With the poignant and mischievous wit of The History Boys, England's best loved author revels in the power of literature to change even the most uncommon reader's life.
An unruly bunch of bright, funny sixth-form (or senior) boys in a British boys' school are, as such boys will be, in pursuit of sex, sport, and a place at a good university, generally in that order. In all their efforts, they are helped and hindered, enlightened and bemused, by a maverick English teacher who seeks to broaden their horizons in sometimes undefined ways, and a young history teacher who questions the methods, as well as the aim, of their schooling. In The History Boys, Alan Bennett evokes the special period and place that the sixth form represents in an English boy's life. In doing so, he raises—with gentle wit and pitch-perfect command of character—not only universal questions about the nature of history and how it is taught but also questions about the purpose of education today.
In The Greening of Mrs. Donaldson, a recently bereaved widow finds interesting ways to supplement her income by performing as a patient for medical students, and renting out her spare room. Quiet, middle-class, and middle-aged, Mrs. Donaldson will soon discover that she rather enjoys role-play at the hospital, and the irregular and startling entertainment provided by her tenants.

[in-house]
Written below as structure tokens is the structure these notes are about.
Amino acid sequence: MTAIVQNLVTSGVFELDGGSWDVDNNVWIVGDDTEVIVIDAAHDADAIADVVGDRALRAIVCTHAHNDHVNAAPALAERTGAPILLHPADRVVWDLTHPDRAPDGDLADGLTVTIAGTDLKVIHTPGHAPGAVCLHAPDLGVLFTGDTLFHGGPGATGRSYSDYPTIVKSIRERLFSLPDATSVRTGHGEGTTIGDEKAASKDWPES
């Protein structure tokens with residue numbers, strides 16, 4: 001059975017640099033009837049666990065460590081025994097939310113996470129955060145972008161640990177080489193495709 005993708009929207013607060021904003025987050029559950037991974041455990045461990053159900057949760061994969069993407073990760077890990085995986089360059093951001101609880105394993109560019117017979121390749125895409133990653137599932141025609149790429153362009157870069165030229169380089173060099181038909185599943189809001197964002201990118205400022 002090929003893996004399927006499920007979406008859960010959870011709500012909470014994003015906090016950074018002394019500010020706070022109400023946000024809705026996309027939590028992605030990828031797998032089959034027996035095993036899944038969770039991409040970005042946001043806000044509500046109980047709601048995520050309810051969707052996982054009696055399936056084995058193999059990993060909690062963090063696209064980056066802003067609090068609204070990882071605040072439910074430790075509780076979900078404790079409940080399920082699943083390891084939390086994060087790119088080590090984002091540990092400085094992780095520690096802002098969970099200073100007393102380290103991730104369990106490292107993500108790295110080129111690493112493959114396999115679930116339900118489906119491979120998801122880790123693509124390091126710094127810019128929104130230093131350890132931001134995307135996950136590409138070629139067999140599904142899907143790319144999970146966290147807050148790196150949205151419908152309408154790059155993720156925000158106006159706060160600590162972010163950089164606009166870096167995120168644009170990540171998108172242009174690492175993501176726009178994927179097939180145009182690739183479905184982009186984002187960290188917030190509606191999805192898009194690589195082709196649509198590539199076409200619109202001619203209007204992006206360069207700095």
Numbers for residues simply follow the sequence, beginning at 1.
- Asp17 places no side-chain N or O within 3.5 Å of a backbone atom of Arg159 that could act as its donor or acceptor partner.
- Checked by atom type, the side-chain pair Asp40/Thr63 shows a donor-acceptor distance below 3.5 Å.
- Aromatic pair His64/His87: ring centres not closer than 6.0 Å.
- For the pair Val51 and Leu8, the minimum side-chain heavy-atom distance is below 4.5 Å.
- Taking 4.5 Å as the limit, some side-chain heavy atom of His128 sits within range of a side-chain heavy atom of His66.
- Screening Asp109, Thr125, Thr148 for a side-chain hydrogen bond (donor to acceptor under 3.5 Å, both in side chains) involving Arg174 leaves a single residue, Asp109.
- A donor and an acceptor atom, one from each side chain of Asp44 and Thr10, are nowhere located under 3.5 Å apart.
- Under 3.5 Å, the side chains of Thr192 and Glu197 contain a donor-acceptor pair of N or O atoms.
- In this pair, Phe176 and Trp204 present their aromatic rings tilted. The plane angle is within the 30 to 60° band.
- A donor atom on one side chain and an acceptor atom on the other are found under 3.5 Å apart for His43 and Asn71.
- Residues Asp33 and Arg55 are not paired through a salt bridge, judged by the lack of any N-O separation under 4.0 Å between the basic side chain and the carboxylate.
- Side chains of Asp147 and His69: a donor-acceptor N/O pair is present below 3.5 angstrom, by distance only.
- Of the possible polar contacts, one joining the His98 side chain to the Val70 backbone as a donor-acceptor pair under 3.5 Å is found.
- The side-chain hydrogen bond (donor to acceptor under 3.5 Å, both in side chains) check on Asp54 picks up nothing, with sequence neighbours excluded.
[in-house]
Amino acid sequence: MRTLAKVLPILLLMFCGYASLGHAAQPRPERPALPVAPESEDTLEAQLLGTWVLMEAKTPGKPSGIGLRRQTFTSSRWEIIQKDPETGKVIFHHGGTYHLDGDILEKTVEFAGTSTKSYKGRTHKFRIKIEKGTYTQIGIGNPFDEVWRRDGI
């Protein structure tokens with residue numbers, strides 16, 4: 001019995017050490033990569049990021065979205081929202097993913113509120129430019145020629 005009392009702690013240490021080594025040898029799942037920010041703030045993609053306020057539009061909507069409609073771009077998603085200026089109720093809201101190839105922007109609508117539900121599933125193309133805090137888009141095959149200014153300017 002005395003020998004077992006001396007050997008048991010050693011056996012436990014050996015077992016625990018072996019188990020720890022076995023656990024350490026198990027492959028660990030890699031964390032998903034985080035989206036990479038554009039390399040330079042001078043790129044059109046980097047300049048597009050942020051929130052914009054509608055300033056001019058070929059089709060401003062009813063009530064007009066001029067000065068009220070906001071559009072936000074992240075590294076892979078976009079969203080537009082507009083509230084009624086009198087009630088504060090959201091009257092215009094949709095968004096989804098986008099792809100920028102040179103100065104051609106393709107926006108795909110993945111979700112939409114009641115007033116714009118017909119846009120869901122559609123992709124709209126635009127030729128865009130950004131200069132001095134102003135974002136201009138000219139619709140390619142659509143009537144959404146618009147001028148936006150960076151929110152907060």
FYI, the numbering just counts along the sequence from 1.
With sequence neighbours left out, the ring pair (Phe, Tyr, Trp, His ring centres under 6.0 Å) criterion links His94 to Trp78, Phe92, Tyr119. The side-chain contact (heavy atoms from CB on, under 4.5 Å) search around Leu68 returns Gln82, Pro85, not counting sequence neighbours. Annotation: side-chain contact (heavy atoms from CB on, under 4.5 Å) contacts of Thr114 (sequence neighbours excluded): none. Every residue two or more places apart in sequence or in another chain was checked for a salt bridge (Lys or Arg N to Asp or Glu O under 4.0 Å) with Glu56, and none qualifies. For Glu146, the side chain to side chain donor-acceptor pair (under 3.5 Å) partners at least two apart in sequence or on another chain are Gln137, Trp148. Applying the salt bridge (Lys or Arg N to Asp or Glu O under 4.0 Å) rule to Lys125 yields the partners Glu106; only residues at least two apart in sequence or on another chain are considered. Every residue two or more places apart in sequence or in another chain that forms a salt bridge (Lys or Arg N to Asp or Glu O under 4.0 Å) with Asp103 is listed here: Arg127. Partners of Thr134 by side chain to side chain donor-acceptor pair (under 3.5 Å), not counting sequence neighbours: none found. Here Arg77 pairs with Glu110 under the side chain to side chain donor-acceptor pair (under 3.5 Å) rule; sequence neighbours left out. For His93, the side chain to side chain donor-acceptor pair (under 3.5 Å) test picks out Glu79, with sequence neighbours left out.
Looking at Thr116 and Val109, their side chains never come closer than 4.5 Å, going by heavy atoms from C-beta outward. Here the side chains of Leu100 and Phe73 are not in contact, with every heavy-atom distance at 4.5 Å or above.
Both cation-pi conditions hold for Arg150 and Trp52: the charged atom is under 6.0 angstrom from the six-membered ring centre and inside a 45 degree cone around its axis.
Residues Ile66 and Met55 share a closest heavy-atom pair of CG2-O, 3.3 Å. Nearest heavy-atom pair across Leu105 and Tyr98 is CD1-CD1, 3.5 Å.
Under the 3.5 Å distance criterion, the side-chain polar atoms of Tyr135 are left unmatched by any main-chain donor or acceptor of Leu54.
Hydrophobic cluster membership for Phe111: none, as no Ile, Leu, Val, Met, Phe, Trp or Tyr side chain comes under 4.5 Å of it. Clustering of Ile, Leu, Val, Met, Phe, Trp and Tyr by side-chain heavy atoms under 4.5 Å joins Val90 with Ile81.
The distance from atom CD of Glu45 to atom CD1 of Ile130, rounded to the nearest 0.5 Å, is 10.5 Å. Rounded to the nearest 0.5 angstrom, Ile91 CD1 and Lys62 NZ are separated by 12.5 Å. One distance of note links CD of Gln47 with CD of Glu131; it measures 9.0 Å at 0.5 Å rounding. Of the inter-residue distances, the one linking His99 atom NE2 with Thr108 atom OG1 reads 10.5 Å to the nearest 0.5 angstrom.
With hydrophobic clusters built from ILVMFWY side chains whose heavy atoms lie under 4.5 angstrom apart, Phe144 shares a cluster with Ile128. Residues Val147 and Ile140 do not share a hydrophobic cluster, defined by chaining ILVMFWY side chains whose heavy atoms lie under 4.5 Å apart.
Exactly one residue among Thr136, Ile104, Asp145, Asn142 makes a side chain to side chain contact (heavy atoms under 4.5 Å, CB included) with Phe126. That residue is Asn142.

In The Shielding of Mrs. Forbes, a disappointed middle-aged mother dotes on her only son, Graham, who believes he must shield her from the truth. As Graham's double life becomes increasingly complicated, we realize how little he understands, not only of his own desires but also those of his mother.
A master storyteller dissects a very English form of secrecy with two stories of the unexpected in otherwise apparently ordinary lives.
Untold Stories brings together some of the finest and funniest writing by one of England's best-known literary figures. Alan Bennett's first major collection since Writing Home contains previously unpublished work—including the title piece, a poignant memoir of his family and of growing up in Leeds—along with his much celebrated diary for the years 1996 to 2004, and numerous other exceptional essays, reviews, and comic pieces. In this highly anticipated compendium, the Today Book Club author of The Clothes They Stood Up In reveals a great many untold secrets and stories with his inimitable humor and wry honesty—his family's unspoken history, his memories of Peter Cook and Dudley Moore, and his response to the success of his most recent play, The History Boys.
Since the success of Beyond the Fringe in the 1960s, Bennett has delighted audiences worldwide with writing that is, in his words, "no less serious because it is funny." The History Boys opened to great acclaim at the Royal National Theatre in 2004, winning numerous awards, and is scheduled to open in New York City in April 2006.